Ray Dalio says this one question will help you uncover someone’s true motives: ‘This applies to everything’

Almost everyone has an ulterior motive, according to billionaire investor Ray Dalio — and figuring it out comes down to asking yourself one simple question.

“When you hear someone’s description of what’s happening, ask yourself: What are their biases and goals?” Dalio, the 74-year-old founder of hedge fund Bridgewater Associates, posted to Threads on Tuesday.

“This applies to everything: when you’re buying something, asking for advice, reading the newspaper, watching the news, etc.,” he wrote. “That is because most people (though not all people) are trying to sell you something that will help them get the things they want.”

Maybe a salesman is trying to get you to buy a product because they’ll make a commission from it, or a boss is denying you a promotion despite your stellar performance. In these scenarios, it can be helpful to take a step back and think about the situation from the other person’s point of view.

“If you keep this question in mind, and get the answer to it, you will be able to see things from a higher level,” Dalio wrote, adding in a follow-up post: “If you can identify the people who are true friends or those who are truly trying to help you, especially the smart ones, you will have a much better life than if you don’t.”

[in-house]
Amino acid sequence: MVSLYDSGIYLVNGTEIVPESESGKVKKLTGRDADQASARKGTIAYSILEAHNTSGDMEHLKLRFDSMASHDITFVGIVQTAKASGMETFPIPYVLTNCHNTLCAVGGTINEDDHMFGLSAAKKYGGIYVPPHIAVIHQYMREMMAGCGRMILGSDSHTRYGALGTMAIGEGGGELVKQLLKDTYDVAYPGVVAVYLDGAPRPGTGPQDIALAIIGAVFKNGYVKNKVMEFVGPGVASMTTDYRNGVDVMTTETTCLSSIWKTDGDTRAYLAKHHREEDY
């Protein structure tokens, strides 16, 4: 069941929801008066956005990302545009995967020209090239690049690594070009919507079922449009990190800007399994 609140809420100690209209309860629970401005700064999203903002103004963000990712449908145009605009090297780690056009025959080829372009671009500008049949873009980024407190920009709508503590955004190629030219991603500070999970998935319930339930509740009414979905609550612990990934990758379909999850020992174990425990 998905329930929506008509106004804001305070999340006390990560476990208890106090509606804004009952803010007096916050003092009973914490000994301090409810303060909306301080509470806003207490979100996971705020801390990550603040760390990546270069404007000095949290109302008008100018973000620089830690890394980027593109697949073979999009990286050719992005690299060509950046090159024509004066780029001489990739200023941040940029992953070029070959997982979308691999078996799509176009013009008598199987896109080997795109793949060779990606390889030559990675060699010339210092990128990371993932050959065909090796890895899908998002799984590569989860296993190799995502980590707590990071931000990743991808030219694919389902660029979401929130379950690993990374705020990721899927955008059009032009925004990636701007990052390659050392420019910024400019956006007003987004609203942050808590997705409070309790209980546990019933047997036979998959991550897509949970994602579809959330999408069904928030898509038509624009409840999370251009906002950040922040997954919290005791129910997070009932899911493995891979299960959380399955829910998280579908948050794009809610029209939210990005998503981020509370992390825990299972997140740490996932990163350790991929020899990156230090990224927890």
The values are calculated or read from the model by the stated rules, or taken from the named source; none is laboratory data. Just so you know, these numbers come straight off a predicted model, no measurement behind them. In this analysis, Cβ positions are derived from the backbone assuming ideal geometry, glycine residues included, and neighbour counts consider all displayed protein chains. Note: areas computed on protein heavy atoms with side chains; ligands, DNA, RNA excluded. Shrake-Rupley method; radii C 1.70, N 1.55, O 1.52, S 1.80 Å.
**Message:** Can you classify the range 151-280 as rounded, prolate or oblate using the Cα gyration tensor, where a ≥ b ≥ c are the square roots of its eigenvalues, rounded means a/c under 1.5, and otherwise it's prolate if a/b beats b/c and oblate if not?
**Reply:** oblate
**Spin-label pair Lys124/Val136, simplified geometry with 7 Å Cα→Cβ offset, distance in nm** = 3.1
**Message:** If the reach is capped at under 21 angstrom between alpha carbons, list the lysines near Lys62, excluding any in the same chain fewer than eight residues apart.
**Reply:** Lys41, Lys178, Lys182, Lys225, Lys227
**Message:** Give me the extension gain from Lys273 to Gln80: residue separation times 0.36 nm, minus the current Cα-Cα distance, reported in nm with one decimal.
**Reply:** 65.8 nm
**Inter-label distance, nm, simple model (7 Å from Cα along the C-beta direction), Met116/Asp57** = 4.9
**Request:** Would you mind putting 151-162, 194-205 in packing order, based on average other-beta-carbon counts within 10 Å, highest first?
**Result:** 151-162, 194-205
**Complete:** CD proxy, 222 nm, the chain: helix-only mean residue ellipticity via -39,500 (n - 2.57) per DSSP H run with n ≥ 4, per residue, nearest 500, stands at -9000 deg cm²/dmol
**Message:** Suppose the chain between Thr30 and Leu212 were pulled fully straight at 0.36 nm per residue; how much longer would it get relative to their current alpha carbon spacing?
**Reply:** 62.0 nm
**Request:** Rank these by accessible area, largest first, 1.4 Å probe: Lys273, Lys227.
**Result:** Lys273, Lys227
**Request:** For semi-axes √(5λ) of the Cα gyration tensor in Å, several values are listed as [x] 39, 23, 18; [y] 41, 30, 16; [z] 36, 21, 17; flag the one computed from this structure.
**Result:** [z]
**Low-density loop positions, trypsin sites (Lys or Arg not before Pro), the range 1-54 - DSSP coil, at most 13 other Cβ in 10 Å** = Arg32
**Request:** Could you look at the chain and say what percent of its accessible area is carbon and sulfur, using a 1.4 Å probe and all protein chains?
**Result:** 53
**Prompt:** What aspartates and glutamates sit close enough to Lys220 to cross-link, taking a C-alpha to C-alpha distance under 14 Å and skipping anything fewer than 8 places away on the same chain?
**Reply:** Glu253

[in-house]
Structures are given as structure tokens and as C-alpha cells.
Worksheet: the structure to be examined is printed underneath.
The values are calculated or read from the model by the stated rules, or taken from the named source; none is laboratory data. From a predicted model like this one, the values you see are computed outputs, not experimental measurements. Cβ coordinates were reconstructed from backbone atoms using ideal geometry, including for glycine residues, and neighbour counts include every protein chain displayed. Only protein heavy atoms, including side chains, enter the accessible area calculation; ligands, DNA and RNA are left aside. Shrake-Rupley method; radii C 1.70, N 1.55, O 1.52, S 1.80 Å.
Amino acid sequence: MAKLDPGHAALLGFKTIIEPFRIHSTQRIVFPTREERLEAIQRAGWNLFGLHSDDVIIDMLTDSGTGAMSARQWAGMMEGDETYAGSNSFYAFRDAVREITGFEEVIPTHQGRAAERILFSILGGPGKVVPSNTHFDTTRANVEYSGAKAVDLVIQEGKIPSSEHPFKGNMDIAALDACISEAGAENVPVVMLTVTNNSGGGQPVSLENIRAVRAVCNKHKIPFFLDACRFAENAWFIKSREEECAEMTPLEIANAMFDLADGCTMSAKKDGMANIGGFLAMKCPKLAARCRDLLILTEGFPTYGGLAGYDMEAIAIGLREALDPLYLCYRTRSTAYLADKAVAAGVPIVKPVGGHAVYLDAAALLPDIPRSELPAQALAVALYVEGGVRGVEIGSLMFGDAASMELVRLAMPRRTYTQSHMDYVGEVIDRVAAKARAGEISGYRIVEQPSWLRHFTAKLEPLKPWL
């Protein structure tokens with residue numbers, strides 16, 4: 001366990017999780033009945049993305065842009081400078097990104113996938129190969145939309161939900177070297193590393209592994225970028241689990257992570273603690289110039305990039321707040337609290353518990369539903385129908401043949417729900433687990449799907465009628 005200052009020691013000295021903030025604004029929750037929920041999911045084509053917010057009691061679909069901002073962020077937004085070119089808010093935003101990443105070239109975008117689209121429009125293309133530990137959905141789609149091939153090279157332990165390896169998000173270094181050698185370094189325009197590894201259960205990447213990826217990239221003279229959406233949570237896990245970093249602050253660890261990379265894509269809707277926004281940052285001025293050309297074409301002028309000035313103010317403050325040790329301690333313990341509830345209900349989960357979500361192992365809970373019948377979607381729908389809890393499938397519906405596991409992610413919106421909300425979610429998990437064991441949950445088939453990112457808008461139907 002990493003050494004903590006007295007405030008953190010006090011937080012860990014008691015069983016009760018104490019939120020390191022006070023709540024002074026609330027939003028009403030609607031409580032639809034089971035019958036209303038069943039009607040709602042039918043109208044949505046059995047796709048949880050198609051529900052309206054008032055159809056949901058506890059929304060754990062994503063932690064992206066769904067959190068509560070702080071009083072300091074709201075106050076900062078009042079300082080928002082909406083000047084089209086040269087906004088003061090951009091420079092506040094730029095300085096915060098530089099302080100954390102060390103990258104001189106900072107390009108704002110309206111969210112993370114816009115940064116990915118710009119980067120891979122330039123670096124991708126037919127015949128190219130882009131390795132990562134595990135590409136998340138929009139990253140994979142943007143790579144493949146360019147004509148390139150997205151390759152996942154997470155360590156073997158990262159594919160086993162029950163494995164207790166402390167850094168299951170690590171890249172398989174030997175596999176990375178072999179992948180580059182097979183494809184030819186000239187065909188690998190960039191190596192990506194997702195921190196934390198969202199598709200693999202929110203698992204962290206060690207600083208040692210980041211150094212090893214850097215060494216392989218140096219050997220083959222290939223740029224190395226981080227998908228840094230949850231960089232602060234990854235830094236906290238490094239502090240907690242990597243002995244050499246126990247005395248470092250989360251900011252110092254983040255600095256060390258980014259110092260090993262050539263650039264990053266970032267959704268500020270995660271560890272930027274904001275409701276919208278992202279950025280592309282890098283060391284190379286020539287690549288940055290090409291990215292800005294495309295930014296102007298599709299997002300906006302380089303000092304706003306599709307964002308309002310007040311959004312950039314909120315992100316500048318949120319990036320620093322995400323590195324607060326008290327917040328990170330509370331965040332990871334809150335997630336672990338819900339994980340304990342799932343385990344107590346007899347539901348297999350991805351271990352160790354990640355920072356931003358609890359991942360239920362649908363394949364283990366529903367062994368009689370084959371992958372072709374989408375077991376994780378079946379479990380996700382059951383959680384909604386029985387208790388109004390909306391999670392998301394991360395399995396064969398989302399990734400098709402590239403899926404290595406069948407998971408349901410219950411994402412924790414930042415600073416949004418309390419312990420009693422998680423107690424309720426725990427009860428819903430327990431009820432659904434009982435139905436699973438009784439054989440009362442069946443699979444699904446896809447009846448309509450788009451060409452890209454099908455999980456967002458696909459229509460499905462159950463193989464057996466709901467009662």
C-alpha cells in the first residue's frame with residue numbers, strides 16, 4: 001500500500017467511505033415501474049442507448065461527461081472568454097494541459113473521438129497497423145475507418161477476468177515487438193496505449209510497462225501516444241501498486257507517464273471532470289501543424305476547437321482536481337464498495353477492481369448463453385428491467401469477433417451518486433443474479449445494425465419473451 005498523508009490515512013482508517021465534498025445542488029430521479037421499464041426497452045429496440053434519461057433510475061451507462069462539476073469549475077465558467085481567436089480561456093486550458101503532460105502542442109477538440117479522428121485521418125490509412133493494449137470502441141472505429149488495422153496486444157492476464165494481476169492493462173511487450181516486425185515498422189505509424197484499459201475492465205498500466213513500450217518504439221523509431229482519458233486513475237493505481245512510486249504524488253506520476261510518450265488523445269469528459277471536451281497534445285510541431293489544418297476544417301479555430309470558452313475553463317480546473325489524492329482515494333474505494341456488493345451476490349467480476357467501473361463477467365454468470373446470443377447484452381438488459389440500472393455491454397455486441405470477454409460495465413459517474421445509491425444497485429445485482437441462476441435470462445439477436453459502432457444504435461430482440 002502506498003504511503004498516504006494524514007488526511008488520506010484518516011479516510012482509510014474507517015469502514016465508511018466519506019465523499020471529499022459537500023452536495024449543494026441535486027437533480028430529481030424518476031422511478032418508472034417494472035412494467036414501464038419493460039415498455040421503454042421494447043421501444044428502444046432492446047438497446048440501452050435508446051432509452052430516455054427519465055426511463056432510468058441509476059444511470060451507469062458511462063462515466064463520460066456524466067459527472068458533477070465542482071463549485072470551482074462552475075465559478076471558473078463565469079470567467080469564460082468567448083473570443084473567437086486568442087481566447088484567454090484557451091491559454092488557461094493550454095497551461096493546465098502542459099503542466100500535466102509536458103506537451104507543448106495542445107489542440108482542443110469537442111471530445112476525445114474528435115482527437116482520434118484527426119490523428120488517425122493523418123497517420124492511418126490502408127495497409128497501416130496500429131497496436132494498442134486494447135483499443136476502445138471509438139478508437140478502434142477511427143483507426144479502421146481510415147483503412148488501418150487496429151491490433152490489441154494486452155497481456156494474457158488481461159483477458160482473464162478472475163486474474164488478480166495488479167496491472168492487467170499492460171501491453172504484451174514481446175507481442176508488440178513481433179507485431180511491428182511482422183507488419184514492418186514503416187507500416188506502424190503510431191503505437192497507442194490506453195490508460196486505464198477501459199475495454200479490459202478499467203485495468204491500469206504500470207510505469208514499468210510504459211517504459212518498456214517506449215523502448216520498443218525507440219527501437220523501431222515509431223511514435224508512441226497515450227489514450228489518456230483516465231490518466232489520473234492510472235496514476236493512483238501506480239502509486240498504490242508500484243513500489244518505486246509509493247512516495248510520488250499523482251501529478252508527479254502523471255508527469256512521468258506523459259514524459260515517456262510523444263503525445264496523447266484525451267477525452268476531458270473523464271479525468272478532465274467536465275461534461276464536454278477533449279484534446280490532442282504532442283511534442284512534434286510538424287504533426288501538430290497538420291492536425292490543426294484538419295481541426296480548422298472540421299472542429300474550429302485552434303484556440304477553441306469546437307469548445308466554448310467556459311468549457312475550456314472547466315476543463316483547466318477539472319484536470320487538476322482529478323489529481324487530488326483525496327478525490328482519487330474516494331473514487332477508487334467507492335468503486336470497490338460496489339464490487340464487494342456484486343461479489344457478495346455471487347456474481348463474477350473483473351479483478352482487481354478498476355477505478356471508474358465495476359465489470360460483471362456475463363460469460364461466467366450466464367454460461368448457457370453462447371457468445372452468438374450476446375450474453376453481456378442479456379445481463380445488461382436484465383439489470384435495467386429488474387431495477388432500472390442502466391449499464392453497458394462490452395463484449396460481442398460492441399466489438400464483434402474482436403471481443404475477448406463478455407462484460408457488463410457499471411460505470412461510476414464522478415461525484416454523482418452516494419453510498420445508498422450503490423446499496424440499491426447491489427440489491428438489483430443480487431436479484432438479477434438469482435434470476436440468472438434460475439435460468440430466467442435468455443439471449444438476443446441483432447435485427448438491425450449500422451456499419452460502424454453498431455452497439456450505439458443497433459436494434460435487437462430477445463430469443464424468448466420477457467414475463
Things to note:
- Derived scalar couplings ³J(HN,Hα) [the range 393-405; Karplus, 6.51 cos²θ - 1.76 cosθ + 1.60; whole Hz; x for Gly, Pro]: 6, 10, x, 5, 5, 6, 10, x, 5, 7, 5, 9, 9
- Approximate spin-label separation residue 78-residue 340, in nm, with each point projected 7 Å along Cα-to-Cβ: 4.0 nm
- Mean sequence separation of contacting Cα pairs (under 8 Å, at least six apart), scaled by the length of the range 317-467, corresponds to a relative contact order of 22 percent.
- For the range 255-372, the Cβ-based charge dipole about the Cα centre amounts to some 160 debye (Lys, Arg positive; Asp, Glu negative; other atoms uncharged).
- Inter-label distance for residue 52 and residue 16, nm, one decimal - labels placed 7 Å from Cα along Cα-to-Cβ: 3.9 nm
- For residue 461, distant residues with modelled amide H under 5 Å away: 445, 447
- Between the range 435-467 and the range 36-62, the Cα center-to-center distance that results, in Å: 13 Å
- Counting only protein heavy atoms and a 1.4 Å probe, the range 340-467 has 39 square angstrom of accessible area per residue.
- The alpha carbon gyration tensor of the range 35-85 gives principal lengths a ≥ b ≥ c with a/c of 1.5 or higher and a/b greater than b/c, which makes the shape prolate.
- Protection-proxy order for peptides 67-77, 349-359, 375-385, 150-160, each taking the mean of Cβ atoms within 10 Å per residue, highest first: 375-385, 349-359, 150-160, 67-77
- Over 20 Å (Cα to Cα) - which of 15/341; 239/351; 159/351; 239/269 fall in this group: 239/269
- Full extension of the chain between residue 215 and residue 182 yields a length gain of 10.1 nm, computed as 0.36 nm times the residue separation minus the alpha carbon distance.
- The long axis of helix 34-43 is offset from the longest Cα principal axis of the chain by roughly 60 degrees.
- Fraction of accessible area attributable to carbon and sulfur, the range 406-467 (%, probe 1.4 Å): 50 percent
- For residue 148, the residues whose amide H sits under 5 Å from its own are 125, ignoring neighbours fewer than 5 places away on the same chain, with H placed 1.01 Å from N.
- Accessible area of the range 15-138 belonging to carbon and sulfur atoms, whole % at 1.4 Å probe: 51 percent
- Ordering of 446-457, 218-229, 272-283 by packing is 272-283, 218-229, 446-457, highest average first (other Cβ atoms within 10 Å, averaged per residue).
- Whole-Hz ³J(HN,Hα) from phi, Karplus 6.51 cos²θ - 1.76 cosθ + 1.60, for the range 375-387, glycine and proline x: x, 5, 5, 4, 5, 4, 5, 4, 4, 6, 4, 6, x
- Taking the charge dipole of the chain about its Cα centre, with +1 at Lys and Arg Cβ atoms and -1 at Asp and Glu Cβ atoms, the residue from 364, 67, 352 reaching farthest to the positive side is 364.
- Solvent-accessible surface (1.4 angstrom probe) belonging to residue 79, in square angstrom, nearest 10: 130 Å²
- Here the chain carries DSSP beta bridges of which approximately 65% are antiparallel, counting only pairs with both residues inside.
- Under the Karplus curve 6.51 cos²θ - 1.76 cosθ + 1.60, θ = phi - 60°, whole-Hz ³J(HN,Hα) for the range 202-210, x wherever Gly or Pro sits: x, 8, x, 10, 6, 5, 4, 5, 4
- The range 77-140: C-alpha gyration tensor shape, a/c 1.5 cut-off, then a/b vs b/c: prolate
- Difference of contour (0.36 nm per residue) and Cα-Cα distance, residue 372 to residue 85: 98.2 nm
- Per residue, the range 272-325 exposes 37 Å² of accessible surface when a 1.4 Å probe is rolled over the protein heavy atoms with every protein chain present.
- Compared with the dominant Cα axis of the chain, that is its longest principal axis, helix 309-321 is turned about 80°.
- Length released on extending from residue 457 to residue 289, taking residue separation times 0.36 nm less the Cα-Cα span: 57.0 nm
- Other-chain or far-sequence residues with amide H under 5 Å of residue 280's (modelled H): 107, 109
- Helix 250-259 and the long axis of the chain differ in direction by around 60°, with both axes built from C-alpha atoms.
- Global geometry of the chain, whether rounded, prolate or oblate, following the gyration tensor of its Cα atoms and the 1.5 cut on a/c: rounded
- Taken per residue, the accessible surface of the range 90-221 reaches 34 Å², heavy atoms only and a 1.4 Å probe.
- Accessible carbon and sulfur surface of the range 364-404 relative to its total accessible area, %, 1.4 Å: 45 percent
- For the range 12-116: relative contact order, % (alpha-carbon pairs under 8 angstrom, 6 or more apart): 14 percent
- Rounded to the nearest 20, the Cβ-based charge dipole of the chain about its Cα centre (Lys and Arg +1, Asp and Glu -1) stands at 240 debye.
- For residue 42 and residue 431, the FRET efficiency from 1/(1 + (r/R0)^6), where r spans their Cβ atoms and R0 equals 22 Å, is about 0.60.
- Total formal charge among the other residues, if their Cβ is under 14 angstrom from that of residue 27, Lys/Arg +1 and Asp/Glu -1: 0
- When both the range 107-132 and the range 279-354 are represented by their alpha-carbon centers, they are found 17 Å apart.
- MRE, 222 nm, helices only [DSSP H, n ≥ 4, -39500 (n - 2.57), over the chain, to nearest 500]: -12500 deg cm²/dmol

That may be easier said than done: 64% of U.S. adults believe that their trust in each other is shrinking, Pew Research Center reported in 2019. About half of Americans (49%) say that their lack of interpersonal trust is because they believe people aren’t as reliable as they used to be.

Dwelling on whether someone is trustworthy can affect your health, increasing loneliness, anxiety and depression, leadership and positive psychology coach Diane Dreher wrote for Psychology Today in April.

“We need people we can trust to provide stability, support, and a sense of community in our lives,” Dreher added.

As for seeing things from a “higher level,” Dalio has long attributed that ability to his success at evaluating financial markets. He leans on it while navigating a variety of other scenarios too, including personal struggles in his life, he noted in a 2018 YouTube post.

“I call this ability to rise above your own and others’ circumstances and objectively look down on them ‘higher-level thinking,'” Dalio wrote on Facebook a year later. “Higher-level thinking gives you the ability to study and influence the cause-effect relationships at play in your life and use them to get the outcomes you want.”

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